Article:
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Legend of the Martenitsa in Bulgaria

Rositsa Ruseva from Bulgaria

This article was first published at Celebrating Bulgaria Culture, History, and Music, a writing project by journalism students of Rena Danailova.

Wearing Martenitsa
Photo: Samentaa / Johanna
Some like to wear the Martenitsa around their wrists.

Spring is here.
Photo from Todor Bozhinov
Sometimes people tie Martenitsas to the branch of a tree or bush to leave there. You can find the Martenitsas hanging there in the branches as you walk outside.


 

For more than 1,000 years, we in Bulgaria have celebrated our national holiday on March 1st called ‘Baba Marta,’ Grandma March. ‘Mart’ in Bulgarian is the name for the month of March. This holiday symbolizes the coming of spring.

Bulgarians wear a small special ornament made of red and white yarn on this day, called ‘Martenitsa.’ We wear it until March 22, and some people wear it until they see a stork or the first buds of a tree.

Some like to wear the Martenitsa around their wrists. Sometimes people tie it to the branch of a tree or bush to leave there. You can find the Martenitsas hanging there in the branches as you walk outside.

The belief is that if you wear the Martenitsa, Baba Marta will help you, and spring will come more quickly. People often give a Martenitsa as a gift to a friend or relative.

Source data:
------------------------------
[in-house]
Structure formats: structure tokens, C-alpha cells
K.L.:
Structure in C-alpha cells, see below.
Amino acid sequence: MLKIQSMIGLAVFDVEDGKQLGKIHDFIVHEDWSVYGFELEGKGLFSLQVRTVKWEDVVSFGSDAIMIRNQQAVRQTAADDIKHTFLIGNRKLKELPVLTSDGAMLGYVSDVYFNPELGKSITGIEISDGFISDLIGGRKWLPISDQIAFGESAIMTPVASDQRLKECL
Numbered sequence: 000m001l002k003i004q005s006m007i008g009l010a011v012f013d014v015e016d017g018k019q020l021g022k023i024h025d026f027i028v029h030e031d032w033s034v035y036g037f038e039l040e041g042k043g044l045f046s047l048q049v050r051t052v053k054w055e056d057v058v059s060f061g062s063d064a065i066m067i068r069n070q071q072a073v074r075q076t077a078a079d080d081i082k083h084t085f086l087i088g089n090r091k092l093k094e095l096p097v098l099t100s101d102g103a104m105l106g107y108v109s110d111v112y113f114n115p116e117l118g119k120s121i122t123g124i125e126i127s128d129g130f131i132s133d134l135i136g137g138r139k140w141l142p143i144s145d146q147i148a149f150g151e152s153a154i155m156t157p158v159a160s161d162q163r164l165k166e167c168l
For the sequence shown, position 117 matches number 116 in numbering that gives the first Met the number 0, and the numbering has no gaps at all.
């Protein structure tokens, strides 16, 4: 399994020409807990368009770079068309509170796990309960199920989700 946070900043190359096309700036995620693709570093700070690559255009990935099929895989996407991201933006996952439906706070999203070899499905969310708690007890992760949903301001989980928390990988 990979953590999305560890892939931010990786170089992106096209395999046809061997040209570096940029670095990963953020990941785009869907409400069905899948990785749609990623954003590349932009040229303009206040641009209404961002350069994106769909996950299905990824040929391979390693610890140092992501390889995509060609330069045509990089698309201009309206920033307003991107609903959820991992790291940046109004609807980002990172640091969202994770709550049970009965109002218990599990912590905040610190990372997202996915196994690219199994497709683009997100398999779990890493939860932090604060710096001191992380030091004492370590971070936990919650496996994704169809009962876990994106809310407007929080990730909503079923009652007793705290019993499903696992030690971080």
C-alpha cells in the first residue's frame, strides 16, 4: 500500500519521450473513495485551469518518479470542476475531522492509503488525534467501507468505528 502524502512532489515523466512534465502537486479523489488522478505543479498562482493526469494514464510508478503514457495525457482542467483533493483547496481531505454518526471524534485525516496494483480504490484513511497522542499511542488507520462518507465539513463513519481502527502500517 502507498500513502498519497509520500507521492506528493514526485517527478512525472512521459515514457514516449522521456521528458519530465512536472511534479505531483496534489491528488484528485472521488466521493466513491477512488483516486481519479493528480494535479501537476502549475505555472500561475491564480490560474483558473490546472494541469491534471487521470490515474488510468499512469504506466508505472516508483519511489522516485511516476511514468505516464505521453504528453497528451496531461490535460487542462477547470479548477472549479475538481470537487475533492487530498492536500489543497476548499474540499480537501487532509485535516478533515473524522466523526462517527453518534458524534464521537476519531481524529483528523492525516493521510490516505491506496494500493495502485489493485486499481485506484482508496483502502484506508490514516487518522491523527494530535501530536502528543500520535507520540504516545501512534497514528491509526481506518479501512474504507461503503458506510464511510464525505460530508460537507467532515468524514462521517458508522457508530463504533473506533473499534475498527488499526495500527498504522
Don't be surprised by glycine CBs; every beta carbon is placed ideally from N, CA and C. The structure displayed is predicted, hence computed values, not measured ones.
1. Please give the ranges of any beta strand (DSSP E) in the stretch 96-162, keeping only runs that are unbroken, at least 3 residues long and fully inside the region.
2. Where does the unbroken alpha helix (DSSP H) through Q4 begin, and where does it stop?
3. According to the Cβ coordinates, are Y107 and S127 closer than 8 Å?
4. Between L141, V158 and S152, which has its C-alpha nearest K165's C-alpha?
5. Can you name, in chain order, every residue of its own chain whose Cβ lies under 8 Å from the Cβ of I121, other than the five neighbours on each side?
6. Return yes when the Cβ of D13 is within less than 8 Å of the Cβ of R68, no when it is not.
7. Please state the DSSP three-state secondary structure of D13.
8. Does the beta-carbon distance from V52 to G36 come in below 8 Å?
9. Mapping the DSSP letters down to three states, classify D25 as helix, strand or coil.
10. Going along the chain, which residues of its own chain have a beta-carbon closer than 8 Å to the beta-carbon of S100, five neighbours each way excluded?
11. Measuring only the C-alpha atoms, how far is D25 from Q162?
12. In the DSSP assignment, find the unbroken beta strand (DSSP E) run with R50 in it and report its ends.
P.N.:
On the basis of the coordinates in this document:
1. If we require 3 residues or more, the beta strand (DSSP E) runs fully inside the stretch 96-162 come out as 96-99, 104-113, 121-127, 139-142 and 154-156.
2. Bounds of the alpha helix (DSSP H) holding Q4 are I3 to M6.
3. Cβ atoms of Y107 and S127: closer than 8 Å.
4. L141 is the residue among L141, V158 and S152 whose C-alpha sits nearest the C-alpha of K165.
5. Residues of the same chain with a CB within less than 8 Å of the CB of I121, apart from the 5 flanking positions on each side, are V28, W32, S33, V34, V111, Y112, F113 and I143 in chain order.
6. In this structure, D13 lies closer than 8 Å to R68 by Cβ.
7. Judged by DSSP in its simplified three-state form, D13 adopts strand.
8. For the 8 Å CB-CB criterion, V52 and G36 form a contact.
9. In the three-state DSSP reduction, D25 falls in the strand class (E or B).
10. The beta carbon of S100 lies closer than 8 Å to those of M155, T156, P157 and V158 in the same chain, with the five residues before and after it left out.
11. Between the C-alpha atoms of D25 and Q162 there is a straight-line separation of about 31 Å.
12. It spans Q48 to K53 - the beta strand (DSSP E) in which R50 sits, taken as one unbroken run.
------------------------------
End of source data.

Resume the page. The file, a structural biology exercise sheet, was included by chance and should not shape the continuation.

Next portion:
The tradition comes from the following legend:

Khan Asparuh, the first Bulgarian king, had a sister called Huba. She was held captive in another kingdom. Asparuh sent a message to his sister that he had found a land where they could settle down south of the Danube River, a place that nowadays is Bulgaria.

When Huba got the good news from her brother, she managed to escape from captivity and run away. She rode on horseback without stopping until she reached the Danube River. She looked for some way to cross the mighty river but couldn’t find a ford to pass across. So then she tied a thread of white yarn to one of the legs of a falcon sent by her brother and let him fly up into the air, holding the other end of the thin thread in her hands.

The falcon flew away to find a ford for passage across the river and just then, when he found a place, an arrow shot by an enemy pierced the falcon, and he fell to the ground dead. The yarn became red from his blood. Huba followed the thread she was holding and so she found the way to cross the great river and reach the country where her brother Asparuh had made his new home. Then they lived free and happy in the new land they called Bulgaria.

That day was March 1st, the new year in the tradition of those times. They called the white and red threads of yarn after the name of the month March, and named it ‘Martenitsa.’

The Martenitsa became a symbol of peace and love, health and happiness. The white color symbolizes purity and honesty in relationships, and the red color means life, passion, and cordiality in friendship and mutual love.

 

Rositsa
Rositsa Ruseva is the author of this article.

 

Since that time the red and white threads of yarn have come to symbolize the strong bond among Bulgarians around the world.

This special national holiday on March 1st reminds us of the values which the Martenitsa has carried down through the centuries.

And all Bulgarians everywhere wear it as an ornament on this special day, and for three weeks after that, until spring begins.



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